Skip to Main Content

Rafinesque’s Big-eared Bat

Fact File

Scientific Name: Corynorhinus rafinesquii

Classification: Mammal, Order Chiroptera

Conservation Status:

Identifying Characteristics

Rafinesque’s big-eared bat is our coastal version of the Virginia big-eared bat. Adults measure approximately 3.6–4.2 inches in length and weigh
0.25–0.45 ounces. The ears of the big-eared bat are extremely large, measuring about 1.25 inches in length. The fur is long, soft, and bicolored. The belly fur is tipped with white, providing silvery contrast to the gray-brown fur on the back. Rafinesque’s and Virginia big-eared bats are almost identical, separated by the long bicolored fur and toe hairs that reach beyond the tips of the claws in Rafinesque’s big-eared bat.

an image of the Rafinesque's big-eared bat's fur pattern on it's hind foot, the fur spirals from it's tightest coil of it's innermost section.

Rafinesque’s big-eared bat fur pattern (ventral and dorsal) and hind foot.


Rafinesque’s big-eared bat is a cave or tree bat depending on geographic location. Along the coast and in the southeastern U.S., Rafinesque’s big-eared bats roost in hollow trees and old buildings year round. However, farther north and west up the Appalachian mountains, they can be found in caves and mines.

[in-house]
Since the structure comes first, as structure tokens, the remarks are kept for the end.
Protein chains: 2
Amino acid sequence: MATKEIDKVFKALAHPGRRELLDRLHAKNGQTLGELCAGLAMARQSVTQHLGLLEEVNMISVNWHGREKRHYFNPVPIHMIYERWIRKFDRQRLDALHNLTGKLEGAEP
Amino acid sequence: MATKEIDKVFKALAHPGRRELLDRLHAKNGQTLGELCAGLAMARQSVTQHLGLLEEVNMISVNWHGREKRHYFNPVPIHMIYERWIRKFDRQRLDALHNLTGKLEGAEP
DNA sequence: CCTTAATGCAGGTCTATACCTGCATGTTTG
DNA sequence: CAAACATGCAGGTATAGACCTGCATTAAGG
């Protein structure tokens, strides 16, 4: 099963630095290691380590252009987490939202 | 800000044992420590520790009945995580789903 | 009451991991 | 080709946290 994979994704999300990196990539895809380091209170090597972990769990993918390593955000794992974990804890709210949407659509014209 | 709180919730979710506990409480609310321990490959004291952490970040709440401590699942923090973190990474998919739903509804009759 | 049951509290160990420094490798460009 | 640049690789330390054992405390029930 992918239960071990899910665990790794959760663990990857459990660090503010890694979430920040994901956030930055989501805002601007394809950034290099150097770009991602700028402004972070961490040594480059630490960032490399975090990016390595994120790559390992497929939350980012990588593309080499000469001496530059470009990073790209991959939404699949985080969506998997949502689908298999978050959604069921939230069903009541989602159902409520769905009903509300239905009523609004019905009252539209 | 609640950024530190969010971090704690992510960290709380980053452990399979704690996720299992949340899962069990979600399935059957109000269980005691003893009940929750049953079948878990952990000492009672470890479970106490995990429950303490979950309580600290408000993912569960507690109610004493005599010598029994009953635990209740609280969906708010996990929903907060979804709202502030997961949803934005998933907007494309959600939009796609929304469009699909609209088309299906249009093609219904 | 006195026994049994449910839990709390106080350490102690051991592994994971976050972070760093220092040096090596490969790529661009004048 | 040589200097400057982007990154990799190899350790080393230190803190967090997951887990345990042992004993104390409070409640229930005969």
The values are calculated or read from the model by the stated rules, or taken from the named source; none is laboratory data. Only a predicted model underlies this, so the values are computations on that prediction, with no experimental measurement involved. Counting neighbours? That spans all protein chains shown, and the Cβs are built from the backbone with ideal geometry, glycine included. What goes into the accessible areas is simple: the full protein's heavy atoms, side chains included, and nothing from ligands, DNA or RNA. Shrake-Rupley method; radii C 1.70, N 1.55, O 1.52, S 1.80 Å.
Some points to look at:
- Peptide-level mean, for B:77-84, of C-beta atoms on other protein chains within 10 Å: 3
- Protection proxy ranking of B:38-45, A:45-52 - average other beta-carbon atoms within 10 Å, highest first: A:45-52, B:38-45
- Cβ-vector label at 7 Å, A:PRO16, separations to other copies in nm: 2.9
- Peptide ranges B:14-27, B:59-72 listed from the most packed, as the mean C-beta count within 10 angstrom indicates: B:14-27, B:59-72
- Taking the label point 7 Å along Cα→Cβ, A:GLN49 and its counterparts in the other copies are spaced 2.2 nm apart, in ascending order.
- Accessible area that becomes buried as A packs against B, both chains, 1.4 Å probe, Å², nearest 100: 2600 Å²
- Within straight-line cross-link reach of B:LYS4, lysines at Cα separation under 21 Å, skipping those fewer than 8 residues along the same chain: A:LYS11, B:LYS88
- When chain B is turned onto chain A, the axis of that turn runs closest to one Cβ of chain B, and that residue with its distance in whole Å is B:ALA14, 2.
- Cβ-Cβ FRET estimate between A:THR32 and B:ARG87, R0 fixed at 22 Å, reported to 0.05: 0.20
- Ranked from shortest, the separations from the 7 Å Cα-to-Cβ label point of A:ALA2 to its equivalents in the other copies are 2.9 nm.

Like the Virginia big-eared bat, moths make up to 90% of the diet of  Rafinesque’s big-eared bats, with beetles and other flying insects comprising the rest of their diet.


In Virginia, Rafinesque’s big-eared bats are found in bottomland hardwoods and swamps in the Coastal Plain.


Reproduction occurs in fall through winter when males and females move to their  wintering sites. Females will form maternity groups of a few to as many as 100 individuals. Through delayed fertilization, a single litter is produced in late spring or early summer (early June through mid-July). Gestation is about 55 to 100 days; the young begin to fly at about three weeks, and are weaned at about 6 weeks of age.


Primary threats are loss and degradation of coastal bottomland hardwood forests. Conservation actions are tied to protection and enhancement of bottomland hardwood forests.

Last updated: January 19, 2024


Order your copy of  A Guide to the Bats of Virginia, along with more gear, guides, and gifts!

Visit ShopDWR

The Virginia Department of Wildlife Resources Species Profile Database serves as a repository of information for Virginia’s fish and wildlife species. The database is managed and curated by the Wildlife Information and Environmental Services (WIES) program. Species profile data, distribution information, and photography is generated by the Virginia Department of Wildlife Resources, State and Federal agencies, Collection Permittees, and other trusted partners. This product is not suitable for legal, engineering, or surveying use. The Virginia Department of Wildlife Resources does not accept responsibility for any missing data, inaccuracies, or other errors which may exist. In accordance with the terms of service for this product, you agree to this disclaimer.